123

8.8

7.2

1.2

0

Eddie Lacy

236

18.2

7.6

2.4

0

Eddie Lacy’s has 31 total receptions this year, giving him 9.70% of Green Bay’s passing completions. If Montee Ball were to have an equal portion of the Broncos’ pass completions, he would have approximately 31 as well (30.846), which would give him pro-rated receiving stats as follows (assuming he continued to average 7.2 yards per catch):

Rec. Yards

Yards/Game

Yards/Catch

Catches/Game

TDs

Montee Ball

222

15.9

7.2

2.2

0

Eddie Lacy

236

18.2

7.6

2.4

0

While clearly these numbers are built upon the assumption that Ball would maintain his average numbers across the same amount of work as Lacy, it appears as though the backs have shown similar promise for each of their teams in the play that they’ve been given. There is no question that both running backs are going to be premier players for their teams in the NFL in years to come, Lacy simply has been given the opportunity to do so early in his career. Meanwhile, Montee Ball is stuck behind Knowshon Moreno, who is having a huge breakout year for the Broncos, and is arguably the Broncos’ MVP behind Peyton Manning. It’s safe to say that even if the Broncos had drafted Lacy, he would probably be playing a secondary role to Moreno, who still would have had the advantage of knowing the pass-protection schemes and the intricate play calls of Peyton Manning from the start of the season. The Broncos will be in an interesting position in the offseason, when Moreno becomes an unrestricted free agent. Denver will have to choose between keeping Moreno at a much higher price, now that he has proven he can be a number one back, or cut ties with Moreno and hand the reins to Montee Ball, who appears to be the future franchise back. While I love the passion and play of Knowshon, if the price were too high to keep him around, I have no doubt that Montee Ball could come in and do exactly what everyone hoped he could when the Broncos drafted him, and assume the role of the every down back. While it is yet to be seen who the better running back will be, these players are both unquestionably talented players, and at this point, the only thing that separates them is a greater chance for Lacy to put his talents on display; don’t let the added reps fool you into thinking that Lacy would have been the better draft choice.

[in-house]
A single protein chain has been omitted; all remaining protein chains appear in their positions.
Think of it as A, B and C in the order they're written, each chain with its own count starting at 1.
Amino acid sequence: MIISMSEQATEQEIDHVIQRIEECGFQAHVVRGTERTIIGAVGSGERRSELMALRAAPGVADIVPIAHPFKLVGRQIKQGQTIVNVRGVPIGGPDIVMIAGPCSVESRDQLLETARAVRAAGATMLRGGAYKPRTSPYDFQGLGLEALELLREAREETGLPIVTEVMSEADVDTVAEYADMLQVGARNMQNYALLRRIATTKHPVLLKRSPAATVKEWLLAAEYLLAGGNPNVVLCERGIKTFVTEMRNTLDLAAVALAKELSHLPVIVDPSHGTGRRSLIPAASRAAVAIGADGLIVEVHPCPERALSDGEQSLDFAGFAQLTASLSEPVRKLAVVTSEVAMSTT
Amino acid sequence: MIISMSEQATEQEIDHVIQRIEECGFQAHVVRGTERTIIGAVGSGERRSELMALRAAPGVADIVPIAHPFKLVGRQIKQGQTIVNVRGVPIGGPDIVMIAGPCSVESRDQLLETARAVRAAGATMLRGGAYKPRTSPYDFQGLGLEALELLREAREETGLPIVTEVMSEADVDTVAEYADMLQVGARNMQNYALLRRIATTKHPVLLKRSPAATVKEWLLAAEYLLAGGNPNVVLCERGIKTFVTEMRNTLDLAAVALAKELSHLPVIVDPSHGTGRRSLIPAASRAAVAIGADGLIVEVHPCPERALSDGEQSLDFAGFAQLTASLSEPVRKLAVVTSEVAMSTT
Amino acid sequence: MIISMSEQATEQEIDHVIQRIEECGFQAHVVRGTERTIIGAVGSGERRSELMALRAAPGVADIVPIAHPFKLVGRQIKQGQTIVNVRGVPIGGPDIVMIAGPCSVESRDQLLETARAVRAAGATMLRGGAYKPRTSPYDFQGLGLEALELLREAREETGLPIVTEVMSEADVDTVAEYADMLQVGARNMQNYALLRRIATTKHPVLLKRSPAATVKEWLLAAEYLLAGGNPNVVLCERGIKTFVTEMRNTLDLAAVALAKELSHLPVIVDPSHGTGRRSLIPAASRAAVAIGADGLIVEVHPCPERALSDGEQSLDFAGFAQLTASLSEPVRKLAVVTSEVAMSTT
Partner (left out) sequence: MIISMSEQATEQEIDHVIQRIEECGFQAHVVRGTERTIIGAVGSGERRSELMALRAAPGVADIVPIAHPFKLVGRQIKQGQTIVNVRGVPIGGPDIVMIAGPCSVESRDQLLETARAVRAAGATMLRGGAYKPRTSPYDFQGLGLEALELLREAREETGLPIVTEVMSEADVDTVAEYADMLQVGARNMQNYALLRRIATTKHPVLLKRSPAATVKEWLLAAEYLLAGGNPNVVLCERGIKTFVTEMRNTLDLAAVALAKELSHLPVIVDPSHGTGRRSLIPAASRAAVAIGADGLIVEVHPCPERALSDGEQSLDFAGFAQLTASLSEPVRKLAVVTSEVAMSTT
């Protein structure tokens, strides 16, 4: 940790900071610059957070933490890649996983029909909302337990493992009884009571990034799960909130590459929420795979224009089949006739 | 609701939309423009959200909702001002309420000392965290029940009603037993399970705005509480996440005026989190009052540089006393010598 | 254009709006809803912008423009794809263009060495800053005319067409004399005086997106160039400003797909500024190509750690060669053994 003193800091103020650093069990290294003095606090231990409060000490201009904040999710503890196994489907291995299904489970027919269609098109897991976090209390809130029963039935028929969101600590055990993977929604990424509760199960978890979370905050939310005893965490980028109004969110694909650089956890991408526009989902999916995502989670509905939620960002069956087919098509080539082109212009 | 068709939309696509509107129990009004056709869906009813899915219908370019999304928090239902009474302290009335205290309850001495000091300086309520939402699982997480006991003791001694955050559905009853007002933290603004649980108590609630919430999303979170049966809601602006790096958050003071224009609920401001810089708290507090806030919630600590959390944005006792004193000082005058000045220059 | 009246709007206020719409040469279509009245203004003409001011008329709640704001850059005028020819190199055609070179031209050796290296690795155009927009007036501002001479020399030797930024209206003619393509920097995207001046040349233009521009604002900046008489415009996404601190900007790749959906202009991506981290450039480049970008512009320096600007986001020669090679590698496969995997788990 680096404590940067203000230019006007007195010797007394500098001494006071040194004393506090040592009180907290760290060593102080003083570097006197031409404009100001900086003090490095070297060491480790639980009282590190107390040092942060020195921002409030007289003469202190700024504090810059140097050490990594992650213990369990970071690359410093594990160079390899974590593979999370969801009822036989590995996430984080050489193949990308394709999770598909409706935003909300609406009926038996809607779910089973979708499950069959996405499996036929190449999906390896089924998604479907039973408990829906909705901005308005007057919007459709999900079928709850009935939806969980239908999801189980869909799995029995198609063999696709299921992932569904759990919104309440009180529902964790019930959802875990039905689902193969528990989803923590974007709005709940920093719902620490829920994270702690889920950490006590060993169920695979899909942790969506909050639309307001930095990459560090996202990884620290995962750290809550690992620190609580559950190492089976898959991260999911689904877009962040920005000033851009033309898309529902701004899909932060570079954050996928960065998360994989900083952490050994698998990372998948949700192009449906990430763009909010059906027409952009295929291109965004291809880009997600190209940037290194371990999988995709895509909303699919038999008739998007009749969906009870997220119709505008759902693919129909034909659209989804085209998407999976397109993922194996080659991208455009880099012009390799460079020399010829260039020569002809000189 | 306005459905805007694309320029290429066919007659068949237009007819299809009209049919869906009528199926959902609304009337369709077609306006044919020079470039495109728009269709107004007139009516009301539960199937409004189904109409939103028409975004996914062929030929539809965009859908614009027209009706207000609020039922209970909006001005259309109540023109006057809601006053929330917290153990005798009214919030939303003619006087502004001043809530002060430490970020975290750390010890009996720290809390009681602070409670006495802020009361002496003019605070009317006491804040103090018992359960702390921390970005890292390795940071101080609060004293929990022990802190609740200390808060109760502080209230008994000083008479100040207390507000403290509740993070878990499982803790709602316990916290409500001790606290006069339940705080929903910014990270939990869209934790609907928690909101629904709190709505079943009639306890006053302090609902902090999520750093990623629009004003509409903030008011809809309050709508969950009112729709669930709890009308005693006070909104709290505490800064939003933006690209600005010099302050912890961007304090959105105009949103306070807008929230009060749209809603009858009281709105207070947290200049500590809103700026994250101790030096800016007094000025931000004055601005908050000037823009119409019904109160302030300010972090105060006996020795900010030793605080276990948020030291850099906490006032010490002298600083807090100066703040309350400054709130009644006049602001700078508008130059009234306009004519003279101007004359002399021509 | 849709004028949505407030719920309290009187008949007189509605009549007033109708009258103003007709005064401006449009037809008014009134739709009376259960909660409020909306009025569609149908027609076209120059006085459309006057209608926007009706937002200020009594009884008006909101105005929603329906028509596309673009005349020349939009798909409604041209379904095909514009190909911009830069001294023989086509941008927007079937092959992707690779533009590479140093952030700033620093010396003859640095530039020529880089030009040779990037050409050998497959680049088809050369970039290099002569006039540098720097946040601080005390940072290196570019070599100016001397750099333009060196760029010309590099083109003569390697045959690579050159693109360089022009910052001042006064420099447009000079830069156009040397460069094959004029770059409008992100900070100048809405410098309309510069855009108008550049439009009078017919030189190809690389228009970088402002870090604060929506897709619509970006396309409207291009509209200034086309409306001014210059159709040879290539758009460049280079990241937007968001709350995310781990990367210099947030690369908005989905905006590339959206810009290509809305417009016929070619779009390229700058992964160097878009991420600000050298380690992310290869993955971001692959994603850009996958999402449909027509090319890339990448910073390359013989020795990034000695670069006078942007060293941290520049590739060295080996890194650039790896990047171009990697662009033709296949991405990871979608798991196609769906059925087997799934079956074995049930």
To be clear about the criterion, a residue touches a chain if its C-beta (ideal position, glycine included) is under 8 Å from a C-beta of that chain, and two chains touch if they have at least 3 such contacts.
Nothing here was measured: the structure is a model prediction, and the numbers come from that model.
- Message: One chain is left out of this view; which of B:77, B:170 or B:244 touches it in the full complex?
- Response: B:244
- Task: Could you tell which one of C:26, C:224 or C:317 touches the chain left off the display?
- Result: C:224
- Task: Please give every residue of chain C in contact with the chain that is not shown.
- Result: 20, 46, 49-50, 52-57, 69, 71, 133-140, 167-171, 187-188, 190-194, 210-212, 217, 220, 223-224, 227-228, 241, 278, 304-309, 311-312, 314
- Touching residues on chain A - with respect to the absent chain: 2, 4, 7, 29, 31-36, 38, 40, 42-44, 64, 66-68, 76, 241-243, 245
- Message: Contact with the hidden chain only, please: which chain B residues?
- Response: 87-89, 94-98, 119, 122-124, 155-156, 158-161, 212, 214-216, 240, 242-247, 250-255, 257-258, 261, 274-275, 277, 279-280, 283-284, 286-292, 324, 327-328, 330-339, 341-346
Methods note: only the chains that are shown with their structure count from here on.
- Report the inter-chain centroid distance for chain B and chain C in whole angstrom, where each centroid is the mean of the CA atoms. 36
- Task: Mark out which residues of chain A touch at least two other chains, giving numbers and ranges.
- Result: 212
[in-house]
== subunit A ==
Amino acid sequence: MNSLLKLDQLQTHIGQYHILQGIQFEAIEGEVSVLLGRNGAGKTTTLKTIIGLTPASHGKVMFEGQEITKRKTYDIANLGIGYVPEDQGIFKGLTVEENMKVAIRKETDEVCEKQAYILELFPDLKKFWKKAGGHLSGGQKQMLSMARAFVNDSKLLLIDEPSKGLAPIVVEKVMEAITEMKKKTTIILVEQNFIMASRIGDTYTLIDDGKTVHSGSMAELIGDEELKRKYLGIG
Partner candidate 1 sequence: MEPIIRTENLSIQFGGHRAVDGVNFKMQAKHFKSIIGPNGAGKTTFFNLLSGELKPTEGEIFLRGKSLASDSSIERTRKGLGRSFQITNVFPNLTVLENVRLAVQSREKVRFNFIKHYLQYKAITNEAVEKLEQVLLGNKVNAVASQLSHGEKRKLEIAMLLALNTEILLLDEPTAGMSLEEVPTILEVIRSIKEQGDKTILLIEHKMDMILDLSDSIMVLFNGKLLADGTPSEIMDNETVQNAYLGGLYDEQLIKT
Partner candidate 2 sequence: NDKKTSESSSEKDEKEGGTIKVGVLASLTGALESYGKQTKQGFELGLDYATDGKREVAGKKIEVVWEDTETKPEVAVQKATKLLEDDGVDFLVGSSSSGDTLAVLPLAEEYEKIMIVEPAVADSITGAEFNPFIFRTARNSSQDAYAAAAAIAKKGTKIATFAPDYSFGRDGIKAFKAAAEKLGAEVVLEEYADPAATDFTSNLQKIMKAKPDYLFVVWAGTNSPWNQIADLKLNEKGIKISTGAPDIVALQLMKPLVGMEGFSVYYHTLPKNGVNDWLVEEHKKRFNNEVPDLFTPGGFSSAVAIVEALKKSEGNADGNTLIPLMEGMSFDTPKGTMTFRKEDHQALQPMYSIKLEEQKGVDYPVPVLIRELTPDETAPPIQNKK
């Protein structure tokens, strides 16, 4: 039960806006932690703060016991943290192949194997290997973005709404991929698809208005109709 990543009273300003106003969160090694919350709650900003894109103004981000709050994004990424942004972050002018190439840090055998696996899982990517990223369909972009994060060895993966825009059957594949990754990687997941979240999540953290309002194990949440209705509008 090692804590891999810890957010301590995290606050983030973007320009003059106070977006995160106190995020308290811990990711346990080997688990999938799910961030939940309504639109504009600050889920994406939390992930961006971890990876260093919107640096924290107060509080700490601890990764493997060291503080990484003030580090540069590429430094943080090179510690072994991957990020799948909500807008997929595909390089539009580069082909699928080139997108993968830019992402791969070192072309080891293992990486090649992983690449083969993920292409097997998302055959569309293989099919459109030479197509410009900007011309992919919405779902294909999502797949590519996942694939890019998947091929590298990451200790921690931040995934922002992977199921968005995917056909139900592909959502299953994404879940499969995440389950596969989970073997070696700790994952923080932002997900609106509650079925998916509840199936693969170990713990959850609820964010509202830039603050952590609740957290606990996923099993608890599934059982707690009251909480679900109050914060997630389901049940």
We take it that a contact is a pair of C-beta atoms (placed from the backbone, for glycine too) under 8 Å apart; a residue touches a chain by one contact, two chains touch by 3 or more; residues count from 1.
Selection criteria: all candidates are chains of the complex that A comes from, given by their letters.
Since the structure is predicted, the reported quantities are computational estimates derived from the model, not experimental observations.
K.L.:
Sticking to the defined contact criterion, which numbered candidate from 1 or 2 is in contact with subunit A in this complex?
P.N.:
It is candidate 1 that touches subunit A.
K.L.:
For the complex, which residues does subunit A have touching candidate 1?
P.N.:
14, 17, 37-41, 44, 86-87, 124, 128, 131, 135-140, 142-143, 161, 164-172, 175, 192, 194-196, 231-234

This is a Fan-Created Comment on MileHighReport.com. The opinion here is not necessarily shared by the editorial staff of MHR